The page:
I arrive at this fear:

  1. Because of my parent’s divorce, I’m sure David and I will be divorcing any moment. Finally, I’ve found the moment: the unmade bed will be the death of our marriage.
  2. So, I leap to the far-flung conclusion that IF David loved me, THEN he would care about a made bed.

Armed with this (false) awareness, each time I see those sheets and blankets piled up, I practice this message in my head: David doesn’t care about our marriage.


Your fears cause conflict

Of course, this is my fear talking. It’s not even remotely rational, but rarely is your Inner Lizard rational.

Because the template in my head was that marriage doesn’t work, I was pre-programmed to see evidence for the impending divorce I knew was coming.

David didn’t have the fear that we would divorce. So, no matter what happened in our relationship, he never saw evidence for divorce.


You each have fears that set you up for conflict in your marriage communication

However, David did fear that marriage would usurp his independence. So, he saw every tangle we had as a threat to his independence.

He didn’t like rules like: Make the bed when you get out of it. That made him feel beholden. Subconsciously, maybe he didn’t make the bed to prove to himself he was independent. No one could tell him what to do.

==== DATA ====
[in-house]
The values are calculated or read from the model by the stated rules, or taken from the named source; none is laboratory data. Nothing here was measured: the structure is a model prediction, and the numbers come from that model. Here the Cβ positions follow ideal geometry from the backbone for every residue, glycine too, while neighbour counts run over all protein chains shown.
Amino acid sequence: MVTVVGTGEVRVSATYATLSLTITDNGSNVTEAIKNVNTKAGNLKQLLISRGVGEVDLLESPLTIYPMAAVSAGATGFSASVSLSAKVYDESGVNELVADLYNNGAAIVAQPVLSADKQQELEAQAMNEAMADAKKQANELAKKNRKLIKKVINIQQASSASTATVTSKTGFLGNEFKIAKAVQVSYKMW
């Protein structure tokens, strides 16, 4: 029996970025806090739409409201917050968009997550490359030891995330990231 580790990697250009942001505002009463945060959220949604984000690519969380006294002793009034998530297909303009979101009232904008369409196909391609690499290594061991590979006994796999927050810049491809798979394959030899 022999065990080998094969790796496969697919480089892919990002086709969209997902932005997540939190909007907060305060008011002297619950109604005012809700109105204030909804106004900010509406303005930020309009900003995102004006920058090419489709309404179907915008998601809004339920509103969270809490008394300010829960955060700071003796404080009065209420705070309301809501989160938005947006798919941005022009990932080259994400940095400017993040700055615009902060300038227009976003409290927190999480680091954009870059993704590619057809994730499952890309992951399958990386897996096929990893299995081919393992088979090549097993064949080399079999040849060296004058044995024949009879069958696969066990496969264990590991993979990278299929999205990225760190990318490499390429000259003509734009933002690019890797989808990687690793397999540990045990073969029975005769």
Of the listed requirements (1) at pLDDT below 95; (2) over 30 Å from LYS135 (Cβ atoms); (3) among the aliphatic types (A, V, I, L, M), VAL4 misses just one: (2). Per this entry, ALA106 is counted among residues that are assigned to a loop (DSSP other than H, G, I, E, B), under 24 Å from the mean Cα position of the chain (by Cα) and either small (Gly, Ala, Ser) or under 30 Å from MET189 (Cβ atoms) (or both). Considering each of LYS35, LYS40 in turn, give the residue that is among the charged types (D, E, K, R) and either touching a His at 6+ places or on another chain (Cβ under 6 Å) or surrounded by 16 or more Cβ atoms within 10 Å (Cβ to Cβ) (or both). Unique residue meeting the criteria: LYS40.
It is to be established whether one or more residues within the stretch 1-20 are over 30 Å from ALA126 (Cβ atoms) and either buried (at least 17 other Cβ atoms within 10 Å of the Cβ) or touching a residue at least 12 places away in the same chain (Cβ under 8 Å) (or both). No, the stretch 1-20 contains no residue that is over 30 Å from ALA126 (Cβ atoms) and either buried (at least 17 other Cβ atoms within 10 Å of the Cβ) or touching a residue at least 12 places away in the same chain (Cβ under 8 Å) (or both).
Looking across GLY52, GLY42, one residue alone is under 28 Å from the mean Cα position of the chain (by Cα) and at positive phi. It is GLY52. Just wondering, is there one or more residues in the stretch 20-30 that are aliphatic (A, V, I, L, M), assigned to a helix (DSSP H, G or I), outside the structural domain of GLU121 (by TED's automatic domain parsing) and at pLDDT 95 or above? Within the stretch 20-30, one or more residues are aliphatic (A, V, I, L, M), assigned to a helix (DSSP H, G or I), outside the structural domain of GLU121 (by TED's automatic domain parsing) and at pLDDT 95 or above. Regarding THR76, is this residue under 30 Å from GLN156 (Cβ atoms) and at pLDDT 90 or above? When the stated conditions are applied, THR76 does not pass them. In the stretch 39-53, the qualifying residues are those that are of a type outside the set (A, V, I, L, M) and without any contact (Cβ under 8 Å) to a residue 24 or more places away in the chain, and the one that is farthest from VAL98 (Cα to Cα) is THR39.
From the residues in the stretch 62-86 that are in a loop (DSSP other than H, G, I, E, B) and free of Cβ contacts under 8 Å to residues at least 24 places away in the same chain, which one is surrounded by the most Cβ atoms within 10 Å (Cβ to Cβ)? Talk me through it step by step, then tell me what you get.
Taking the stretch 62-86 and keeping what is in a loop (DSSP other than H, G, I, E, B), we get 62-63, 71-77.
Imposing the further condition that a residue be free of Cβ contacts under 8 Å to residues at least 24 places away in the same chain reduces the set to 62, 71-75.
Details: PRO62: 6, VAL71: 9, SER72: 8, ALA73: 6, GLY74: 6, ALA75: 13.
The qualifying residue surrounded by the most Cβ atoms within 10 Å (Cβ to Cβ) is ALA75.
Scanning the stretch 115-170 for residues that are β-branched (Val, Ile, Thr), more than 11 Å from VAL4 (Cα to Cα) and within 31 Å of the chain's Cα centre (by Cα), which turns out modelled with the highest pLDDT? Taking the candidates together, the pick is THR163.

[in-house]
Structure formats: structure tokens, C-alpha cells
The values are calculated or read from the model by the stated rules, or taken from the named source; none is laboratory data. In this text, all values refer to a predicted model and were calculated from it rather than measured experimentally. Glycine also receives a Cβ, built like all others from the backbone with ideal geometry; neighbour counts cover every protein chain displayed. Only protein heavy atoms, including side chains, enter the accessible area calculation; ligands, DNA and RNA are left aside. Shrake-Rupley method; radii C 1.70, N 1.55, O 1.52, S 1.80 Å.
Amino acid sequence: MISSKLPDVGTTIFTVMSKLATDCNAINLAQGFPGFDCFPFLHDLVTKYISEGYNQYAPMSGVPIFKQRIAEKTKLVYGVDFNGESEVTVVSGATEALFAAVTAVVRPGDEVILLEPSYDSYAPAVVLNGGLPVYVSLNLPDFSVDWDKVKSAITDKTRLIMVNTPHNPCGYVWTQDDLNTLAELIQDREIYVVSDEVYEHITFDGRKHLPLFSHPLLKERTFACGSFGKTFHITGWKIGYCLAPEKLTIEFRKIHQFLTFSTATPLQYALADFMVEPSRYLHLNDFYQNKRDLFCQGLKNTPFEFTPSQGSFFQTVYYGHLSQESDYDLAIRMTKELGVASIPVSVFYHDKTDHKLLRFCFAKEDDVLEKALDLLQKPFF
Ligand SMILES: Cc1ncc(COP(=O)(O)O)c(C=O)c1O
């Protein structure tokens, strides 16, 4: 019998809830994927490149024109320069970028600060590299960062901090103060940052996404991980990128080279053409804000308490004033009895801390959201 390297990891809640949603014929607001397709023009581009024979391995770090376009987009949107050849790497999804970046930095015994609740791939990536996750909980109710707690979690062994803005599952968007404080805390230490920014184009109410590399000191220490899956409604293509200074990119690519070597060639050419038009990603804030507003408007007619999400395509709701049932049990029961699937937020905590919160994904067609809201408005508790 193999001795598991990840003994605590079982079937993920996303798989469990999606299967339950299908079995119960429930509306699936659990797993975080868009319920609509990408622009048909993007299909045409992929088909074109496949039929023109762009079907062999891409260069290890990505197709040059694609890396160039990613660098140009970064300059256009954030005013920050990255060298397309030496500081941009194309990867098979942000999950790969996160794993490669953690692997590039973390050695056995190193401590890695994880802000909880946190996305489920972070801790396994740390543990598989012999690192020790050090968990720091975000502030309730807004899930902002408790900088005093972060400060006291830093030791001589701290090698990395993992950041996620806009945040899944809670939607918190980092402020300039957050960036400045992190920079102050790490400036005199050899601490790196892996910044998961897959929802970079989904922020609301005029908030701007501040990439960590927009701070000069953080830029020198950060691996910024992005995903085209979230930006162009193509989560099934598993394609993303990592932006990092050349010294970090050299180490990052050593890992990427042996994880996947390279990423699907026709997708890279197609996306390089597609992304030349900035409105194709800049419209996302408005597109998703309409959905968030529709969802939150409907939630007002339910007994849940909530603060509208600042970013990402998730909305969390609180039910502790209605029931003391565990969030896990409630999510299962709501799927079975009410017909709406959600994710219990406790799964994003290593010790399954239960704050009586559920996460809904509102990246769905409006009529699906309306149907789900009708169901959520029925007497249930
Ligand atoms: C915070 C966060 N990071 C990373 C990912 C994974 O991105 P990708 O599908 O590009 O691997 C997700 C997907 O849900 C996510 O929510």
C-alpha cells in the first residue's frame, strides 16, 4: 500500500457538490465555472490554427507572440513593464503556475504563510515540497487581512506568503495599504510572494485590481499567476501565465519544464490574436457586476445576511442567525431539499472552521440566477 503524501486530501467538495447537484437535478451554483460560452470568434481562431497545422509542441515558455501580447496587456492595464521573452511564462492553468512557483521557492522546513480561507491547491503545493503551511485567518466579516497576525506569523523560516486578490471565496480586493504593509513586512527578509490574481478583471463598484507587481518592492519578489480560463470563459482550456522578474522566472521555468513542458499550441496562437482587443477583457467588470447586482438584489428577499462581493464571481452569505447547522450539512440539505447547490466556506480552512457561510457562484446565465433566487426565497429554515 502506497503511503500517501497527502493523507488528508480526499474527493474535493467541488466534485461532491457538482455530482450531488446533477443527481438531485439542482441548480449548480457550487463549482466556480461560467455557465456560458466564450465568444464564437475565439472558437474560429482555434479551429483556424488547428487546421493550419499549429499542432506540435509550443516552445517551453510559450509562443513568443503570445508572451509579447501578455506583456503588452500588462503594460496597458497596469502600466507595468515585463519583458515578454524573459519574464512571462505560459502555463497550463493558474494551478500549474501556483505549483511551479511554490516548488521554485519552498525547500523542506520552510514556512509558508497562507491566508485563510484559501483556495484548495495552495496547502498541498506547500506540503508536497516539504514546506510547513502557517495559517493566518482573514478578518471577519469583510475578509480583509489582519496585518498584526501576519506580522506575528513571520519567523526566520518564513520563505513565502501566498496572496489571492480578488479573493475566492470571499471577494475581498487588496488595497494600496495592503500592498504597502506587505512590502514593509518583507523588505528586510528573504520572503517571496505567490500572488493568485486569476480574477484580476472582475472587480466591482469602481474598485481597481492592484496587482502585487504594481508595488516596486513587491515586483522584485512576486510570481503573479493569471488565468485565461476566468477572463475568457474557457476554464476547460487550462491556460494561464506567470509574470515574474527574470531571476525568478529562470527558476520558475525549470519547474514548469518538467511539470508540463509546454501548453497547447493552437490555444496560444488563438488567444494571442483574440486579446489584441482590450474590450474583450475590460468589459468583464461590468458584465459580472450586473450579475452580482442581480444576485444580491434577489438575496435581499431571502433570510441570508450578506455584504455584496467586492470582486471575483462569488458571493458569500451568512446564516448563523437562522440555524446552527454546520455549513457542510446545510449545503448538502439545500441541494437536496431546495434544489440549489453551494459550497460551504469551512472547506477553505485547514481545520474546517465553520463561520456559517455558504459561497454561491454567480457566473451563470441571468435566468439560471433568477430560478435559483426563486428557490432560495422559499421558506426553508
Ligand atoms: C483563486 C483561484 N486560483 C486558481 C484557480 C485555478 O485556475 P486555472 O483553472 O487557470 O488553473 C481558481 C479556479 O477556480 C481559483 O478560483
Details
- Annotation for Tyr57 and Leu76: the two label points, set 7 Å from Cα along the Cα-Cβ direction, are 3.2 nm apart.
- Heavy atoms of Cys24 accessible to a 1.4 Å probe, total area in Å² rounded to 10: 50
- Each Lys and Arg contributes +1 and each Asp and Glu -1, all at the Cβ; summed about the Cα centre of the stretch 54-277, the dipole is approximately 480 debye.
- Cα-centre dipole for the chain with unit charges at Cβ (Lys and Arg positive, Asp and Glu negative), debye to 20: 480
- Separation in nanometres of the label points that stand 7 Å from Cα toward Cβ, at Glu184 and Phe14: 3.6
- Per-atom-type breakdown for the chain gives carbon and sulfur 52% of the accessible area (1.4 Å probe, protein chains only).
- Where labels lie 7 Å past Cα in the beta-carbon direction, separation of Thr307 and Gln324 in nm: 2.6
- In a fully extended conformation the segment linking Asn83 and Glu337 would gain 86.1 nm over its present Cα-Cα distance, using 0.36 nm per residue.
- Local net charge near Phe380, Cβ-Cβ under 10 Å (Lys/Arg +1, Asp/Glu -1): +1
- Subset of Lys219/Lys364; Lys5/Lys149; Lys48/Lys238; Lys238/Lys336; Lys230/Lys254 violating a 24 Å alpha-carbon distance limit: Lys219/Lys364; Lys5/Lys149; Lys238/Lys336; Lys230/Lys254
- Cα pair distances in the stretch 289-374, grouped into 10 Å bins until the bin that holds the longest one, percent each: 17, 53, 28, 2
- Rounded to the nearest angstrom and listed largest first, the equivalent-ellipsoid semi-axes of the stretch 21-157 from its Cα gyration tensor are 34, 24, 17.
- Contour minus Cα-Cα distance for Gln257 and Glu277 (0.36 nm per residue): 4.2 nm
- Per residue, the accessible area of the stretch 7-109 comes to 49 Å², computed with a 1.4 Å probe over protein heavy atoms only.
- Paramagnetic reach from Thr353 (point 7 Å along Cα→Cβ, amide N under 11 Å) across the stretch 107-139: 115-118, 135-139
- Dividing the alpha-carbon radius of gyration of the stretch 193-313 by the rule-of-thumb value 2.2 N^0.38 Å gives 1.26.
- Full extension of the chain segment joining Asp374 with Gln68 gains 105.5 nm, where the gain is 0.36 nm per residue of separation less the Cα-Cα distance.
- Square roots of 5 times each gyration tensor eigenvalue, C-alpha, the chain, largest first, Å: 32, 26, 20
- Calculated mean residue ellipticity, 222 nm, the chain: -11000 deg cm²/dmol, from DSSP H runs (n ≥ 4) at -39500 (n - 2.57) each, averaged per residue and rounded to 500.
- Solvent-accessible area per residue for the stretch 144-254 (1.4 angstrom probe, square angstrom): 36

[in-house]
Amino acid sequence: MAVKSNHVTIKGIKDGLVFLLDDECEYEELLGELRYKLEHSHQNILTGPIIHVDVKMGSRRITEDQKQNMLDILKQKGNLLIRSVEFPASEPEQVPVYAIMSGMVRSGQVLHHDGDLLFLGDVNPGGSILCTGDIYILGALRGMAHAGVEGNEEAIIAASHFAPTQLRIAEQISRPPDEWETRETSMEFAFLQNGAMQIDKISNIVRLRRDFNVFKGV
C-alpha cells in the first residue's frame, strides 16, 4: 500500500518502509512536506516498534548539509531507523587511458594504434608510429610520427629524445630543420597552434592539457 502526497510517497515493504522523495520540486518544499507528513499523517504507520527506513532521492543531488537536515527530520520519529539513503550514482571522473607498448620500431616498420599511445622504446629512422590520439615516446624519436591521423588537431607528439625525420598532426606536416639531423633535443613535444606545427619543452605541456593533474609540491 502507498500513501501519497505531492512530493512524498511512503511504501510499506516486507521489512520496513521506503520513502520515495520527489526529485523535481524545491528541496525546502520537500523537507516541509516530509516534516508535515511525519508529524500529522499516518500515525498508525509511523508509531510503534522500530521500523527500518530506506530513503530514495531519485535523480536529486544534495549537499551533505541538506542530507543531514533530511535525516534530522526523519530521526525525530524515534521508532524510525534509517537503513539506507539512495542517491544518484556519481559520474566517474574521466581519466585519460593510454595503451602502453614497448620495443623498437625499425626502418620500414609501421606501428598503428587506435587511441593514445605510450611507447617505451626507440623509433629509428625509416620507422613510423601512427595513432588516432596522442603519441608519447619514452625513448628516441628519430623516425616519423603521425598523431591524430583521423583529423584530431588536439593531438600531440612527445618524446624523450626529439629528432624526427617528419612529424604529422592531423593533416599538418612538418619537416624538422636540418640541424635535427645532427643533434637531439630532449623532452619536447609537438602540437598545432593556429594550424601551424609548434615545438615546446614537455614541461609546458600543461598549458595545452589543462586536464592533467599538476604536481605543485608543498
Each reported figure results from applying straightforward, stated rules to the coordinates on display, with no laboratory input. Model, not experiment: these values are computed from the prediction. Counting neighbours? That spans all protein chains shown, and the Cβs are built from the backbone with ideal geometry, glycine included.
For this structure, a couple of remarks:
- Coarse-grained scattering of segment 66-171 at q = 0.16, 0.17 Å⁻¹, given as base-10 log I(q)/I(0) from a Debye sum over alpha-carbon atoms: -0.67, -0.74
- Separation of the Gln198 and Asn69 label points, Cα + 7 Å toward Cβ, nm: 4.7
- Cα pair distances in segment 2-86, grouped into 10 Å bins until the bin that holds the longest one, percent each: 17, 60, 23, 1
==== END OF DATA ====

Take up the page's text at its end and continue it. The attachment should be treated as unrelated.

Lack of clarity causes confusion. And confusion leads us to fear. We each had a fear. Fear was messing with the way we saw things.

Can you see the power of this black hole of confusion? Can you see where we were each lost in our fears? How that sets up our marriage for conflict?


Clarity allows freedom from the conflict in your marriage communication

This clarity allows you to see why you and your spouse might see the same situation and come to very different conclusions about what is true.

OK that was strategy #1 to help you get clear: First get clear about where you’re lost. Now, let’s talk about strategy #2: Get a clear perspective.

The first tool I have to help you get a clear perspective is this:

Stay in your own business.


The Most Important Tool I Can Recommend to improve your marriage communication

Stay. In. Your. Own. Business.

All those years that David forgot to make the bed; I took it personally. I imagined he was neglecting the bed on purpose to send me a message.

It never once occurred to me that David just doesn’t really care about making a bed.

It was never about me. It wasn’t really even about David. David’s not a morning person and, each day, when he got out of bed, he was groggy and in search of coffee.


Book recommendation